Keynote Speech by: Mark Gladwin, MD Division Chief, Pulmonary, Allergy, and Critical Care Medicine, University of Pittsburgh
Hosted by The Center for Translational Lung Biology
Department of Plastic and Reconstructive Surgery, Johns Hopkins University, Baltimore MD "Immune Tolerance in Reconstructive Transplantation: The Holy Grail or an Attainable Goal?"
CTRB 1200 B
Ram Dixit, Ph.D.
Washington University in St. Louis
"Life inside a box: how the microtubule cytoskeleton contributes to plant cell shape”
2pm CRB Austrian Auditorium
R. John Solaro, Ph.D.
University of Illinois at Chicago
"Integration of Sarcomere Signaling in Cardiac Function"
2pm Austrian Auditorium
PENNSYLVANIA MUSCLE INSTITUTE SEMINAR- James Ervasti, PhD "Integration of Sarcomere Signaling in Cardiac Function" 2pm Austrian Auditorium
John Cooper, MD, PhD - Professor of Cell Biology and Physiology, Professor and Interim Head of Biochemistry and Molecular Biophysics, Washington University in St. Louis, "Capping Protein, CARMILs and Actin Assembly at Membranes"
2pm, Austrian Auditorium.
PMI Muscle Club
Benjamin L. Prosser, Ph.D.
"Beat-to-beat mechano-signaling in the heart”
1pm in 702CRB
1pm 702 CRB
Assistant Professor Microbiology
Perelman School of Medicine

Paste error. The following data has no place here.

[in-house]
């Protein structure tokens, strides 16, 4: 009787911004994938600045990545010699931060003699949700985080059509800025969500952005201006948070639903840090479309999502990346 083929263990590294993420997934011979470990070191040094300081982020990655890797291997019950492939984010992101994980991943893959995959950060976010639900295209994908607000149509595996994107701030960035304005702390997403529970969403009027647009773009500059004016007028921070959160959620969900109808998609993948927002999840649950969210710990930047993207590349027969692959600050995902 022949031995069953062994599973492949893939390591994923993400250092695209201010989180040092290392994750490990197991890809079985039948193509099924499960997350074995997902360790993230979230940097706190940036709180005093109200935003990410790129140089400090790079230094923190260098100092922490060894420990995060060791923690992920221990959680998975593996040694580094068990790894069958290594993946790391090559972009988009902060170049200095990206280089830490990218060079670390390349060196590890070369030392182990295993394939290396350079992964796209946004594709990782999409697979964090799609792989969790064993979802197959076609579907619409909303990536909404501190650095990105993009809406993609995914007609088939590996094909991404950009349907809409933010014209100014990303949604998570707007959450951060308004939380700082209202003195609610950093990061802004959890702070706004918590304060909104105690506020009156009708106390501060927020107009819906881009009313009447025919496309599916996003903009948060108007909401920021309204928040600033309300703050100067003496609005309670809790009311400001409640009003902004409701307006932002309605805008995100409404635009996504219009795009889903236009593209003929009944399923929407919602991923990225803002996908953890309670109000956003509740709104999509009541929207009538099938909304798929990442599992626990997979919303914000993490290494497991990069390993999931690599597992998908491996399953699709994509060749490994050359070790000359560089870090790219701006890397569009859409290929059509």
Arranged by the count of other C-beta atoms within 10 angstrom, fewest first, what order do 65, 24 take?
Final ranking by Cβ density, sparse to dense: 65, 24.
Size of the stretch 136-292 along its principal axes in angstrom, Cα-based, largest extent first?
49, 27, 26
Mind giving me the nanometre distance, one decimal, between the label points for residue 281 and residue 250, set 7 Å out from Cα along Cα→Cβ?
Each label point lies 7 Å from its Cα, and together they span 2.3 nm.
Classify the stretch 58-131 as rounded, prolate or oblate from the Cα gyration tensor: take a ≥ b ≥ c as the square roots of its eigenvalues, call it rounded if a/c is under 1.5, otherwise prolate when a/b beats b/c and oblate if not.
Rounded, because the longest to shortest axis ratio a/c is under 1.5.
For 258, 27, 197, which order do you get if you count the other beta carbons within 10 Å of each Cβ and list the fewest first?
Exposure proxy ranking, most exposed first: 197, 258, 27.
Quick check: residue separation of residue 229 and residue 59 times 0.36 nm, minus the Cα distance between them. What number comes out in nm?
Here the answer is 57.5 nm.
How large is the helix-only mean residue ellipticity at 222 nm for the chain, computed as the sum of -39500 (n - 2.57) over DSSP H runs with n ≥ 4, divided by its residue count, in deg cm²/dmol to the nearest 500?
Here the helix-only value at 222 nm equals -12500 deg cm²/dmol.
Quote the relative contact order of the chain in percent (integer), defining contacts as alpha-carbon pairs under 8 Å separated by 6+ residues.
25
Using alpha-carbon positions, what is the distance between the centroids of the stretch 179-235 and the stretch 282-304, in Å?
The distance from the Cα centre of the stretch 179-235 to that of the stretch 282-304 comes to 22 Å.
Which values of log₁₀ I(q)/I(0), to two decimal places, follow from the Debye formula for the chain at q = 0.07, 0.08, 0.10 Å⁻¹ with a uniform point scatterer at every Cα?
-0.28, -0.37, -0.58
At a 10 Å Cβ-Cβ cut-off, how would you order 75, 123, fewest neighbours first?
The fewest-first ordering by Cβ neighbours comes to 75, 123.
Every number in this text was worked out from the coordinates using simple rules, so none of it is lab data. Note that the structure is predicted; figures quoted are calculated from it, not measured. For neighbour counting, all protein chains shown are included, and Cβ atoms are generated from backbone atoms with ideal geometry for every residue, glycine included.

"Innate immune detection of intracellular bacterial pathogens"
123C Abramson Research Center
Margaret Chou, PhD Children's Hospital of Philadelphia Pathogenic mechanisms of pediatric neoplams: insights into TRE17/ubiquitin-specific protease-6 (USP6)
Ralph Deberardinis, MD, PhD UT Soutwestern Medical Center Cancer Metabolism – Basic Biology and Translational Opportunities
Martin Chalfie, PhD Columbia University Transduction and Modulation of Touch Sensitivity in C. elegans
David H. Ledbetter, PhD, FACMG
Executive Vice President Chief Scientific Officer
Geisinger Health System
Sequencing 100,000 patients in the Geisinger Learning Healthcare Laboratory
Risa Lavizzo-Mourey, MD, MBA, Robert Wood Johnson Foundation president and CEO
Sandra Brooks, MD, MBA
"Statistical Analysis of High Throughput Sequencing Data with Mouse Collaborative Crosses"
Fei Zou, PhD Professor Department of Statistics Univeristy of North Carolina